Film Review: Looking for Grace

Told from multiple viewpoints, a family and a retired detective search for a runaway teenage girl who has also stolen a significant amount of cash.


AFI Award Winner (Best Director, Japanese Story) Sue Brooks will always be the name behind 1997’s Road to Nhill to me, and her latest film resurrects those same memories in what must be her finest feature to date.

Once again moving at a luxurious pace, this visual and emotional treat is an examination of human relationships, told from multiple viewpoints that converge at a significant point in the story that will soon change the lives of all the characters.

It begins with runaway teen, Grace, who has stolen a significant amount of money from her parents. Played with depth by relative newcomer Odessa Young, Grace is an unlikeble girl unable to see the error of her ways even as she deserts her fellow runaway for a guy, only to find herself in further trouble.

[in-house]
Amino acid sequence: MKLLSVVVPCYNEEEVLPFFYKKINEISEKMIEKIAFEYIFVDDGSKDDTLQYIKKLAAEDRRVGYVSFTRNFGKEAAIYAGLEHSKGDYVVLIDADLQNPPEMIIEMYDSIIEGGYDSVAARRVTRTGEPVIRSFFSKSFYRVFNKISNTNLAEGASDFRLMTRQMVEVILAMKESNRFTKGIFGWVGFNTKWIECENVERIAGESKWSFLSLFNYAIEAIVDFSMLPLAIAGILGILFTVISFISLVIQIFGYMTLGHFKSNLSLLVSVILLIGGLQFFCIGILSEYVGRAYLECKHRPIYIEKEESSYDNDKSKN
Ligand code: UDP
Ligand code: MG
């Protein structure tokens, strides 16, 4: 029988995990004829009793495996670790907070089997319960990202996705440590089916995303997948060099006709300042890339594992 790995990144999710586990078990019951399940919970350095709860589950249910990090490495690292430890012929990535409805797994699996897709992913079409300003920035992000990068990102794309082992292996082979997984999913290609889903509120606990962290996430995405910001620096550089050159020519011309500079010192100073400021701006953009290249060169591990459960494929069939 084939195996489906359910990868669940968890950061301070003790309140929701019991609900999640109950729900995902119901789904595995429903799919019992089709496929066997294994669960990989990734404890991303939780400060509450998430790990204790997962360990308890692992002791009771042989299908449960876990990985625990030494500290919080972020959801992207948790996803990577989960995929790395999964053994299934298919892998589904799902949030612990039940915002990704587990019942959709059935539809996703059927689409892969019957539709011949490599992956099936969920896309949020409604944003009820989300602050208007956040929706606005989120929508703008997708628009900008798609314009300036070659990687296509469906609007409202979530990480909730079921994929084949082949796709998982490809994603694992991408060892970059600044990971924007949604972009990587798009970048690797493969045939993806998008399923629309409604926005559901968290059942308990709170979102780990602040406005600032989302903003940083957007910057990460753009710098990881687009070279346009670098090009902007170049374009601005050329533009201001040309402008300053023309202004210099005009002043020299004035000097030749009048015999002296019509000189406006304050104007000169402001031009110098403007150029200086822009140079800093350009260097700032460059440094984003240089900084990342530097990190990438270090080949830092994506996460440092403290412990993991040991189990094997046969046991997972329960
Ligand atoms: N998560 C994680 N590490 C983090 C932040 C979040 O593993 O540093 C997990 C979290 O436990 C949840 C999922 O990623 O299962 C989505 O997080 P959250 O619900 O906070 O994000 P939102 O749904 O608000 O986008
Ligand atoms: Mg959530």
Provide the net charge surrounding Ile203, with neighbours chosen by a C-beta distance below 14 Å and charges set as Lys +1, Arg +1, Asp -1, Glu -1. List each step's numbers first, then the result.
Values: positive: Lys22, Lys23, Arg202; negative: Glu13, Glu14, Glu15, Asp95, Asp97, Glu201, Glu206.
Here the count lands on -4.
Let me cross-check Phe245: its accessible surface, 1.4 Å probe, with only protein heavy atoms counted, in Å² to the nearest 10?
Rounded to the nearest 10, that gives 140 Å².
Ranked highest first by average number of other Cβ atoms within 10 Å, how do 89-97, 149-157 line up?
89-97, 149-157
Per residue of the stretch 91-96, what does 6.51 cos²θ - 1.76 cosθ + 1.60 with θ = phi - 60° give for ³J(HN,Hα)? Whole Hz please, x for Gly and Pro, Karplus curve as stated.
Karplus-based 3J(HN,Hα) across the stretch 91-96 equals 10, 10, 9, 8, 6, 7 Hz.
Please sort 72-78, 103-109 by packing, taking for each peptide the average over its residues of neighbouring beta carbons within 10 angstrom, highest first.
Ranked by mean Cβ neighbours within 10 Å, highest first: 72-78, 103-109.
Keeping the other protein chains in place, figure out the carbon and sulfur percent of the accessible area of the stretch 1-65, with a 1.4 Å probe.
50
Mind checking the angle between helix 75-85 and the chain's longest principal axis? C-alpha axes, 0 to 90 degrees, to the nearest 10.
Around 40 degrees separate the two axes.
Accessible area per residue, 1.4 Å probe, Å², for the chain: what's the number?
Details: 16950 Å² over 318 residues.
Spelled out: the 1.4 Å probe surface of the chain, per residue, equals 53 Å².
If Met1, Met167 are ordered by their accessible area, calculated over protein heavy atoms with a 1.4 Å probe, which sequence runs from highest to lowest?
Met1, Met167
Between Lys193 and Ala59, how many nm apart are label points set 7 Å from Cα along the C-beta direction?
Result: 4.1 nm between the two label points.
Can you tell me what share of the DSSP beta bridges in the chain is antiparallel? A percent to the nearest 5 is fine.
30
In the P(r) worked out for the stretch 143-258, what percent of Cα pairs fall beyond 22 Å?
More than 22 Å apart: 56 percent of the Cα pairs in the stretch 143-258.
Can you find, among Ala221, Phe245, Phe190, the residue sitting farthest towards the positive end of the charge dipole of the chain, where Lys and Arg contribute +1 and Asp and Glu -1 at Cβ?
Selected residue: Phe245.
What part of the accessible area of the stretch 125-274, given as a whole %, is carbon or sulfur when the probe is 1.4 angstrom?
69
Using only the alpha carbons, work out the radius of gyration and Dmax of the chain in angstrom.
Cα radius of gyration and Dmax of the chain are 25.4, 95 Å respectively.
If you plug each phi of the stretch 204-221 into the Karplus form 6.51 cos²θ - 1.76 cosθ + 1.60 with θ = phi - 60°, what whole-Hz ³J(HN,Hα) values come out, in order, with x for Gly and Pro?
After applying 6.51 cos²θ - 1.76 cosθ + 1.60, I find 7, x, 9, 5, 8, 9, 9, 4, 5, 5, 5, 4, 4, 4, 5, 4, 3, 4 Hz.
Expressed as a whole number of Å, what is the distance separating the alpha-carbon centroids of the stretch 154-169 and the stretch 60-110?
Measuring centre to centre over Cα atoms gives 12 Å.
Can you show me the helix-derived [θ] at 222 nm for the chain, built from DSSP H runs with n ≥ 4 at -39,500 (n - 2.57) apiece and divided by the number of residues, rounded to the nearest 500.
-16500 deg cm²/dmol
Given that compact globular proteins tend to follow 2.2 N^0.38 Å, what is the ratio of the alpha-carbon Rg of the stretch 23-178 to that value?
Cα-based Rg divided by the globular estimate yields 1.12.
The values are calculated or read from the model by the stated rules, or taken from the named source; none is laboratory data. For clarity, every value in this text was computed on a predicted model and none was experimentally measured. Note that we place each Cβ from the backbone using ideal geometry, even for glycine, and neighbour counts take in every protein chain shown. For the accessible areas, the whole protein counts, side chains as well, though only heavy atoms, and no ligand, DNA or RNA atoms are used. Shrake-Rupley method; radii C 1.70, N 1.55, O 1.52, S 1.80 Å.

The action then moves from Grace’s story to those of her parents and other significant characters, and we discover the paths that lead each to the turning point. Radha Mitchell as Grace’s mother, Denise, and Richard Roxburgh as her father, Dan, bring warmth and a surprising amount of comedy to their roles, as does Terry Norris as the retired detective they hire to help find their missing daughter. Roxburgh, in particular, is outstanding in the way he conveys the subtle gamut of emotions he is experiencing.

Brooks wrote and directed Looking for Grace, using long deserted landscape shots and naturalistic dialogue to create an intimate but stylish tale of love, grief and a sense of place. It’s an examination of how we relate, how we cope, and how we discover what’s been missing from our lives.

Looking for Grace is a beautiful and heartfelt film that is sure linger long after the credits roll.

Reviewed by Rod Lewis
Twitter: @StrtegicRetweet

Rating out of 10:  9


Hot News